Oral Health and Osteoporosis Part 1
Are you aware that bone is an active living cellular material, and serves a variety of purposes?
It serves as the understructure of our bodies, supports muscles, and protects essential organs. Collagen and calcium phosphate crystals are elastic threads that makeup bones (most of the body’s calcium can be found in bones). These particular compounds constitute a solid but flexible structure.
Throughout our lifespan, our bone is cleared away naturally by osteoclast cells and new bone is materialized out of osteoblast cells. The structure of our bones weakens as we age. Osteoporosis may affect any bone in the human body, it is not partial to any single area. If you’ve been diagnosed with osteoporosis you may be wondering exactly how it might impact your dental well-being.
Studies have shown connections between bone loss and osteoporosis in the jaw. If your jaw bone is less dense, tooth loss can occur because the jaw bone is the foundation for our teeth. The National Institute of Health has reported that women who have osteoporosis are three times more likely to go through tooth loss than individuals who do not have osteoporosis. Various other dental related issues such as poorly fitting dentures, gum disease, and unsatisfactory surgical outcomes may result due to poor bone density in the jaw.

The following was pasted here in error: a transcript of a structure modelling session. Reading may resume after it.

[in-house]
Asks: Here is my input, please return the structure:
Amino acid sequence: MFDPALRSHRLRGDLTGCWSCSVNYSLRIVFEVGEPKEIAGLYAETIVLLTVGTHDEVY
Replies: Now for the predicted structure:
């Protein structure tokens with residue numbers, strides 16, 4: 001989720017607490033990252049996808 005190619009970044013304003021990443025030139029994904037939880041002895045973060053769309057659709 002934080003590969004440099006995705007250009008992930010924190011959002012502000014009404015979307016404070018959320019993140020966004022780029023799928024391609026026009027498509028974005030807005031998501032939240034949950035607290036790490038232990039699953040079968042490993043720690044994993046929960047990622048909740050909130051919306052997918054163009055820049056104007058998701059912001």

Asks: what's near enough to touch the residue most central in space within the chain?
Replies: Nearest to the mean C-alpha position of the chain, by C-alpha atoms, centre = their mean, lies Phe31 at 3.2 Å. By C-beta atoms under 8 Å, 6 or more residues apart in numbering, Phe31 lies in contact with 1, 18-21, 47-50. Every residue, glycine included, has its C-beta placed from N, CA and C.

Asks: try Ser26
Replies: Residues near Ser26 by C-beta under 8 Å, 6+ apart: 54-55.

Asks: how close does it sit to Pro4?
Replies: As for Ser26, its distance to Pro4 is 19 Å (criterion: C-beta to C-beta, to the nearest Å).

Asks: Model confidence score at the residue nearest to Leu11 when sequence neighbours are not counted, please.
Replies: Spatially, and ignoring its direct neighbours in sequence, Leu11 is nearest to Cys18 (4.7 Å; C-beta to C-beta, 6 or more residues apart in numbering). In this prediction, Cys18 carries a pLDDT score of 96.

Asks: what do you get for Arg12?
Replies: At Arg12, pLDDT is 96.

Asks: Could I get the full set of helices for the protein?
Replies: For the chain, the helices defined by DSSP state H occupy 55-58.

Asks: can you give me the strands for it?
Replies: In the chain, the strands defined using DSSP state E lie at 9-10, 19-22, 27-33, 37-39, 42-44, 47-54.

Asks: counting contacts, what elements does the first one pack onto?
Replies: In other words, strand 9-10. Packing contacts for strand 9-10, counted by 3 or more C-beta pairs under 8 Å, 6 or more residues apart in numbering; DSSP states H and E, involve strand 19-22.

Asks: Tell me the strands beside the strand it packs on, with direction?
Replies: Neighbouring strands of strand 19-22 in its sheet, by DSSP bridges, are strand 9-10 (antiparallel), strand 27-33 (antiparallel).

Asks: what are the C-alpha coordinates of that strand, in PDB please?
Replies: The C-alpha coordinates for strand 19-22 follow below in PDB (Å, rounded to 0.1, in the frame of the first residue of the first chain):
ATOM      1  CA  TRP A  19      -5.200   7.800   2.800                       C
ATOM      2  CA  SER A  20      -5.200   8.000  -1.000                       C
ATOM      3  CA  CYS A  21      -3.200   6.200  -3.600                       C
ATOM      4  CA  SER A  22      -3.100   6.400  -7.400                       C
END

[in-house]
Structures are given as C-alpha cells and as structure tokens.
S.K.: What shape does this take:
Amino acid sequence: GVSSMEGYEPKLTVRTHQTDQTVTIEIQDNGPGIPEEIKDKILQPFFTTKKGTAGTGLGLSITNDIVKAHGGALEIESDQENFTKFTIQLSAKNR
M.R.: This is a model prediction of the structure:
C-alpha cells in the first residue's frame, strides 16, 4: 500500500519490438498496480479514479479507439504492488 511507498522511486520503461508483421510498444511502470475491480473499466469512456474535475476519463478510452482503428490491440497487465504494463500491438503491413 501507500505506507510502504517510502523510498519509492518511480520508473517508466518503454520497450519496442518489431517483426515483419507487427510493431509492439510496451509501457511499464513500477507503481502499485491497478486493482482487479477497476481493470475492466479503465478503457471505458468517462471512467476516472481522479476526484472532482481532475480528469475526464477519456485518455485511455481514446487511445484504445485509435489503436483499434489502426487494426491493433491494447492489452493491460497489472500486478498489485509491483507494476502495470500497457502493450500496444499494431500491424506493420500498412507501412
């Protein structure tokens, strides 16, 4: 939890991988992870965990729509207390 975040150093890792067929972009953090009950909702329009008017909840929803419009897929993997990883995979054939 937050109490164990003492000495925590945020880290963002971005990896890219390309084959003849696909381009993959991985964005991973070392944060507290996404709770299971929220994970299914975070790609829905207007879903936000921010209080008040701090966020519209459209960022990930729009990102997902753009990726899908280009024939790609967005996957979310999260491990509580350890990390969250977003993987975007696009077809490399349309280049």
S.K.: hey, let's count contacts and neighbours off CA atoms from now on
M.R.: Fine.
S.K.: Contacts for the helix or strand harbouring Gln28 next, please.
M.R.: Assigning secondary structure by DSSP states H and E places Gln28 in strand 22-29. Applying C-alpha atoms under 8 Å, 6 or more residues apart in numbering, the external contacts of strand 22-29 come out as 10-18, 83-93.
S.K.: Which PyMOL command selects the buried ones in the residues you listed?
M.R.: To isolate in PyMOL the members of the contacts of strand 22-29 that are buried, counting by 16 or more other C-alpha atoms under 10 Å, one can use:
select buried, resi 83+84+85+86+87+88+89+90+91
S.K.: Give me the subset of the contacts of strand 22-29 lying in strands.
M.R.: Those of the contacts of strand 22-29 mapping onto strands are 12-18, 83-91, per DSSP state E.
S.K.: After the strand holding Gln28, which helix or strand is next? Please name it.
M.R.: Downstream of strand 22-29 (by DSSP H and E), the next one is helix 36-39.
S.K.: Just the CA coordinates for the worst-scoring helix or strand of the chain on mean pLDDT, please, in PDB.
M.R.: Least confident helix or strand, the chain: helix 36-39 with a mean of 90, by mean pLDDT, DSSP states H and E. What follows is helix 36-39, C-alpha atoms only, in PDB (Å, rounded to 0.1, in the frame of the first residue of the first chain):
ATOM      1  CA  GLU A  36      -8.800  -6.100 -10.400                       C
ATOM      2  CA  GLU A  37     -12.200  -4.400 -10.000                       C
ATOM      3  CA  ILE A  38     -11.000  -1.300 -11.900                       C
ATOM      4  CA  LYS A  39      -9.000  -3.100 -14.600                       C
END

Keep an eye out for part two of our blog series about oral health and osteoporosis. To learn additional information on this and other oral health matters, please like us on Facebook, follow us on Twitter, or make an appointment today!